A tankless water heater can start off as low as 0.5 GPM when it comes to their overall capabilities. These will usually be options even for some of your more powerful tankless water heaters as they aim to limit expenditure in certain situations where the water heater may be producing far more water than necessary.

On the other hand, tankless water heaters can go up to 11 GPM, and some even higher than that. This is quite a bit of a constant flow of hot water, but if you find it ineffective, there’s always the option of installing multiples.

In addition, the tankless water heaters can connect to already existing pipes, so it’s possible to connect a single one to two spots where before we’d require a clumsier tank.

What size tankless water heater to replace a 50 gallon

As noted above, we will need around 7 to 10 GPM to replace the spending of a single 50 gallon water heater. This is taking into account a situation where this water heater was enough for household needs.

The on-demand aspect can also help as most households don’t need hot water throughout the day, only during certain situations. Cutting out that need to preheat and prepare hot water can do quite a lot for our house.

What size tankless water heater to replace a 50 gallon


While the standard water heaters have a tank size that gauges their overall capabilities in providing us with hot water, tankless water heaters don’t. Instead, they use the measure of GPM or gallons per minute. What this dictates is how much water these water heaters can warm up within the timespan of one minute. The higher the GPM, the more water will be heated.

This flow rate is a worthwhile specification that will allow us to understand the tankless water heater’s overall capabilities quickly. The higher GPM tankless water heaters will usually be required by those homes that consistently use hot water in high quantities.

A household that uses 50 gallon water heater can be assumed as one that uses quite a bit of hot water daily. To match up to these expectations, a considerable GPM will be required. There are two recommended GPM values for this situation.

The first one is a 7 GPM tankless water heater which should be able to provide an ample amount of water for showers and any other actions using hot water. Showering alone takes quite a bit of water, which will bump up our consumption throughout the home quickly.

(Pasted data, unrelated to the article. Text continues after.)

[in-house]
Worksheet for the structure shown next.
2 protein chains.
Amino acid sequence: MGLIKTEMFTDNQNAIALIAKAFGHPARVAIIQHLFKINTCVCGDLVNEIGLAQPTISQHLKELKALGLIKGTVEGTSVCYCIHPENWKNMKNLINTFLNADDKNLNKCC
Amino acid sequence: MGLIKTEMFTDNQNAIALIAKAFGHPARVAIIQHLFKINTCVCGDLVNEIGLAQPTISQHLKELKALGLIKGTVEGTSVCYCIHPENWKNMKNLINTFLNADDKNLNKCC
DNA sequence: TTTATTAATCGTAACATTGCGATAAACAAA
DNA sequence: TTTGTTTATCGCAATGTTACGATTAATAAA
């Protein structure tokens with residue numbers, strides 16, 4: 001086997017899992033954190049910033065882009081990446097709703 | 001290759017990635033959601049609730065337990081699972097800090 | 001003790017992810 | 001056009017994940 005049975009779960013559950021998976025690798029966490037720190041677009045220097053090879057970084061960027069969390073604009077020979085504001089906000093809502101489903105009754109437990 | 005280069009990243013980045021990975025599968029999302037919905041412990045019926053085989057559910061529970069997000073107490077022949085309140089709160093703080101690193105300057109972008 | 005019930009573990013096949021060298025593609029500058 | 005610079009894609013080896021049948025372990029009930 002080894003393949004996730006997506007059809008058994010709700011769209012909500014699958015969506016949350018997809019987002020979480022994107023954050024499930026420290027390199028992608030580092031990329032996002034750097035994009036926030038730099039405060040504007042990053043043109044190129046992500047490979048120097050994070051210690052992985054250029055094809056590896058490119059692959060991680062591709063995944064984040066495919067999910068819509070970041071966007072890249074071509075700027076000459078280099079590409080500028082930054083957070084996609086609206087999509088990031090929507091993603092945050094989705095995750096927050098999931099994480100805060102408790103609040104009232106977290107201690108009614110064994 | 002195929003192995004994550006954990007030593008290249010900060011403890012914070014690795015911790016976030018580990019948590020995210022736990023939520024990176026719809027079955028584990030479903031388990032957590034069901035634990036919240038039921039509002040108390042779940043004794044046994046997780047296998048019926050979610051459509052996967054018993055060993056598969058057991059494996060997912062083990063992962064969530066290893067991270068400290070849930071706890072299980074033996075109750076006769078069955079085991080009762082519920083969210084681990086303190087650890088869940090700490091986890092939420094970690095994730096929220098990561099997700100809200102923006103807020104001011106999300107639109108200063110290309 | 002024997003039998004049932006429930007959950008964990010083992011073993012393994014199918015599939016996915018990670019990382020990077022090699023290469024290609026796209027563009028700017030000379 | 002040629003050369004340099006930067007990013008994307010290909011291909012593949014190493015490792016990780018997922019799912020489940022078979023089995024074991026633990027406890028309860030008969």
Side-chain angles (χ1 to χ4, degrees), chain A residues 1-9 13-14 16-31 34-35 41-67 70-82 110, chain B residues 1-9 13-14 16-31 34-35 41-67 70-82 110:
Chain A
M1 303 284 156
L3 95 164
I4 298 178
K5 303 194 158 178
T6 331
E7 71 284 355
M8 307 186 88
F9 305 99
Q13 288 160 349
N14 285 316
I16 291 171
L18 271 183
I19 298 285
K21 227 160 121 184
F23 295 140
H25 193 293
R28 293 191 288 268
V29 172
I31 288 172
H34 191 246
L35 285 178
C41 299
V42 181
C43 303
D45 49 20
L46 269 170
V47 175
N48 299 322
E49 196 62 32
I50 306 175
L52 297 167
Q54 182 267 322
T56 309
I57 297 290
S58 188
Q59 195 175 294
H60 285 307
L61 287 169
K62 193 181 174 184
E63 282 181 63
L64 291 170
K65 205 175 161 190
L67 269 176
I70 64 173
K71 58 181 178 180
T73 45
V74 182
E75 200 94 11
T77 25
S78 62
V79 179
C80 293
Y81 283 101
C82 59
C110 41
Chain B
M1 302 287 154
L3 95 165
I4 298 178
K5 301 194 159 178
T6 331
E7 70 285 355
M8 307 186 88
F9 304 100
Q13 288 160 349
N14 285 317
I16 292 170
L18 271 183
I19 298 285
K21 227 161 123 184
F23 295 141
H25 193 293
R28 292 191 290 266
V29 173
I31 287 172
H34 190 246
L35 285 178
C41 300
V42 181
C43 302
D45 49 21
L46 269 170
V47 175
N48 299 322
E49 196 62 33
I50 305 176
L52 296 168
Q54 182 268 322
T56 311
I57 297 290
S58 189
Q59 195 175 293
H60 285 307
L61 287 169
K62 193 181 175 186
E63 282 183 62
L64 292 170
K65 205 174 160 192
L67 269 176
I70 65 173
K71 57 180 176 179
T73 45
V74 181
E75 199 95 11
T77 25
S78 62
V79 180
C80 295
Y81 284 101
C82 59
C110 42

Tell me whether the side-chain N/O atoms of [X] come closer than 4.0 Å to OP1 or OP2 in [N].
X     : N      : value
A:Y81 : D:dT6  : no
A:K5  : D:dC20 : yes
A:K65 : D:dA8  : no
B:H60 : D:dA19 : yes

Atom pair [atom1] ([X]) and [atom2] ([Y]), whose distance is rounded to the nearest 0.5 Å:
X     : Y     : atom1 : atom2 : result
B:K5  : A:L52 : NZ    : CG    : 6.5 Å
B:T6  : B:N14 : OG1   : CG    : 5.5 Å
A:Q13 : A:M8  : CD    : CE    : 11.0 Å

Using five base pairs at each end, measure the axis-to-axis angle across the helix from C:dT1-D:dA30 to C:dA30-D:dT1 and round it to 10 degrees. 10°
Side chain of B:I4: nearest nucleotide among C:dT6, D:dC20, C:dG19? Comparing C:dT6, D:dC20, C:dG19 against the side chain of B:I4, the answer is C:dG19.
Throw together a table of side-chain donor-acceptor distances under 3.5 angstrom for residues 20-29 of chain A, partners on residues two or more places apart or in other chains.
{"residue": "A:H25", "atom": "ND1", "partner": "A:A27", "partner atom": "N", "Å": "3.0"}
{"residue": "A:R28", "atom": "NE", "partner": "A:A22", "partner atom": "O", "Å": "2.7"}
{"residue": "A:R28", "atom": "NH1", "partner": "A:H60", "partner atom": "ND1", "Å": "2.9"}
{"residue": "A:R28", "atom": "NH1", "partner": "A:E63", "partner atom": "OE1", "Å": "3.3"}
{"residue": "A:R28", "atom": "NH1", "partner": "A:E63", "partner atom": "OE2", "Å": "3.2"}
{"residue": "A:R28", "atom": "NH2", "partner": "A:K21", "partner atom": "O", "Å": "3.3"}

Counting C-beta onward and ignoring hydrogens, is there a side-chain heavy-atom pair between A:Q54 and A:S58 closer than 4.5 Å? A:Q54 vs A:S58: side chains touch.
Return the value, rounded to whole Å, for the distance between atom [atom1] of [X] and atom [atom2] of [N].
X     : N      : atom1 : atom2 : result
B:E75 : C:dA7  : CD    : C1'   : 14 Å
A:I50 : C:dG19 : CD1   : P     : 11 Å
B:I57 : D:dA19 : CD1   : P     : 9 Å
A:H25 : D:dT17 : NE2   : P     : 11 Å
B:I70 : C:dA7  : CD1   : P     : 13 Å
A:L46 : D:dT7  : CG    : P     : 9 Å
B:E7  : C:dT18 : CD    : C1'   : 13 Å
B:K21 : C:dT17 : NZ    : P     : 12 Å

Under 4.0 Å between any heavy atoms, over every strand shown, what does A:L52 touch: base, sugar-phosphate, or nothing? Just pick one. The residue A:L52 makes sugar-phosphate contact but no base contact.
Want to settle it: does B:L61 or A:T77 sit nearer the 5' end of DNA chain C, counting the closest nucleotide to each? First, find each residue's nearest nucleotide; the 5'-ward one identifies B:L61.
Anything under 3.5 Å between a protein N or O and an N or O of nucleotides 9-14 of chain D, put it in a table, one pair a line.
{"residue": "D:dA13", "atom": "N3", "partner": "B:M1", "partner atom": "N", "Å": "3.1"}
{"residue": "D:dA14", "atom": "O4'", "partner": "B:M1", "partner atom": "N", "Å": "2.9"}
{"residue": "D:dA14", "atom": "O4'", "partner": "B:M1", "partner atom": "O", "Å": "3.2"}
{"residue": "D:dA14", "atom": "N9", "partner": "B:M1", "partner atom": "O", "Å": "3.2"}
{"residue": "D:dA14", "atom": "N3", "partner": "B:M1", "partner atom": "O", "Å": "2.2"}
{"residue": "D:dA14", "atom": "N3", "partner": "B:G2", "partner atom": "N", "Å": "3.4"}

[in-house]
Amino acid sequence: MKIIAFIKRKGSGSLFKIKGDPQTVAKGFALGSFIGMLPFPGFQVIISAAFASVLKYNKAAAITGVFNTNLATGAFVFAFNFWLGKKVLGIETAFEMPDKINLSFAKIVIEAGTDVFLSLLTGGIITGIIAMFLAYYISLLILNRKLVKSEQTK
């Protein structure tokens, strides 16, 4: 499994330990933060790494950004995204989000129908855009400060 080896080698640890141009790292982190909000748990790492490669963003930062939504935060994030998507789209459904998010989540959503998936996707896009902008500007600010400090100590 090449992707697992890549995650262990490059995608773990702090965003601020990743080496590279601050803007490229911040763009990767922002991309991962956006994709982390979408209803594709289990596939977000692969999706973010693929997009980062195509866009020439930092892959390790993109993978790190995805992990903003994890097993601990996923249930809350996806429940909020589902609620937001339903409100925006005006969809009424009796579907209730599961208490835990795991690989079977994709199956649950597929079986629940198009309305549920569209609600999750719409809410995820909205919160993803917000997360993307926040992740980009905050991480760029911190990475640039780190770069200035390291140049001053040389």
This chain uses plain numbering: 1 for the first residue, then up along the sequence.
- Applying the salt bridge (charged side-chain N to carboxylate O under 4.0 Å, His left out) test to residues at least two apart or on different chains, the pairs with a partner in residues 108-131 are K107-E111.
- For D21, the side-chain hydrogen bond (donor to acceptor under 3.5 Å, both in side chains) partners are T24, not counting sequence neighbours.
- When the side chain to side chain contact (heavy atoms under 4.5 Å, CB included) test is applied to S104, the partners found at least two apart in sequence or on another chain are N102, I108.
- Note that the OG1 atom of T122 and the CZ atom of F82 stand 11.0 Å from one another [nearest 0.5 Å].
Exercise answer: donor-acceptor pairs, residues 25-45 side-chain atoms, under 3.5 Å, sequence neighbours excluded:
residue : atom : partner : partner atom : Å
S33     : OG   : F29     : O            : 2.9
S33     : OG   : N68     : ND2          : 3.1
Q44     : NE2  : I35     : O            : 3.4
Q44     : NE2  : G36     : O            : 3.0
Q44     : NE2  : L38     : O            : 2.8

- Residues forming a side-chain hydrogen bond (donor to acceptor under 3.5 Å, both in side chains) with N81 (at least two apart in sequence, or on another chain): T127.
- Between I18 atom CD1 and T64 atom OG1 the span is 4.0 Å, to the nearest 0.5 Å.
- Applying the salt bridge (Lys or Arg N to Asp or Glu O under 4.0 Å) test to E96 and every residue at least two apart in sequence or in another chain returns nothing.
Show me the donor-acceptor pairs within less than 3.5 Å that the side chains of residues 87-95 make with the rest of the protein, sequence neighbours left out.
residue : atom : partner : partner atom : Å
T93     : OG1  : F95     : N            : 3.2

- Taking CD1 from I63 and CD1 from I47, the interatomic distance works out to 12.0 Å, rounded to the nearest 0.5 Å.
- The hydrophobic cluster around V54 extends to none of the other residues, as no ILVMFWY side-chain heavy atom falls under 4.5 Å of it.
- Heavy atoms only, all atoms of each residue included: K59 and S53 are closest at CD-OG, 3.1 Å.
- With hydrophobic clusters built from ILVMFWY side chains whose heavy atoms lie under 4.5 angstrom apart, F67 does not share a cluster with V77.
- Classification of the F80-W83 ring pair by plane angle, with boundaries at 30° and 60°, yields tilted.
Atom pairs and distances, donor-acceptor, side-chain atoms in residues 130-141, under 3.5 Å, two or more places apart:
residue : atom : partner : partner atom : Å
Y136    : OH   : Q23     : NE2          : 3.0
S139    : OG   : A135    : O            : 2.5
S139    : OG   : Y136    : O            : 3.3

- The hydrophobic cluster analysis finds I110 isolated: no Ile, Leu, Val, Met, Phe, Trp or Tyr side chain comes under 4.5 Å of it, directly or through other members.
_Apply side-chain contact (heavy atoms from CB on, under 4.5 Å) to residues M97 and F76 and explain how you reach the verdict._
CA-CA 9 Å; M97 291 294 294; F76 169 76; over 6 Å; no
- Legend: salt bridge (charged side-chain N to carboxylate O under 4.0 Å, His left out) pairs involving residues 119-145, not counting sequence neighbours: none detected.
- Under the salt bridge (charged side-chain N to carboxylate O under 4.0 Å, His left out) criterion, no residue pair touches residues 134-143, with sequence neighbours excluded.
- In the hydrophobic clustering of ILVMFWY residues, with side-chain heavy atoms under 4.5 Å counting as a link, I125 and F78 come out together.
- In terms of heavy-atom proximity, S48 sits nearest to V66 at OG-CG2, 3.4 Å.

However, if you live in colder climates, you may use quite a bit more hot water and potentially have issues with heating up water in considerably cold areas. This is why a 10 GPM tankless water heater is suggested for these specific occasions. The 10 GPM tankless water heater will afford us much more hot water over time, even if its difference in water flow doesn’t look that big on paper.

Flow rates in an average household

The flow rates in our household are an important factor in determining how much water our house uses. With an average household, we’ll need to worry about faucets, washers, and showers. We’ll go over each of these groups separately and tell you how much water they use.

  • Faucets

The faucets are the most common source of water expenditure in our homes despite being low in average consumption. A bathroom faucet can spend as little as 0.5 GPM, which is pretty negligible even with weaker tankless water heaters. The kitchen faucet, and the overall higher spending on faucets, can go up to 1.5 GPM. This higher estimate assumes the faucet is put on at full power rather than being turned on.

  • Washers

Washers consume a variable amount of water each minute. The dishwasher is on the low end as consumption goes with a 1 to 1.5 GPM requirement. It’s also got certain phases in its work where it won’t consume much or any water at all.

However, washing machines can reach as much as 3 GPM consumption during their washing cycle. The amount of water they’ll use is usually pretty high so take them into account when calculating your home’s prerequisites.

  • Shower

A lot of hot water gets used during a shower. This is due to the constant flow of it that we use when taking a shower. In fact, a shower can sometimes exceed the overall water consumption from a washing machine.

Showers firmly stick to consuming 2.5 to 3 GPM, which makes them important in discerning the consumption of water in our homes. [5]

Related: Marey Tankless Water Heater Problems


In the end, we should get a 7 to 11 GPM tankless water heater if we are getting a replacement for a 50-gallon water heater. We will feel the change immediately, potentially even feeling a bigger flow of hot water than we could ever replicate with a 50 gallons tank. The standard advantages that tankless water heater offers will make this replacement a fruitful one too.

Of course, always pay attention to the brands. Each brand has a lot of options available. Be it higher efficiency, better GPM, or just a question of price, and it’s always good to look around. By doing so, we will get the best pick and quality for our money.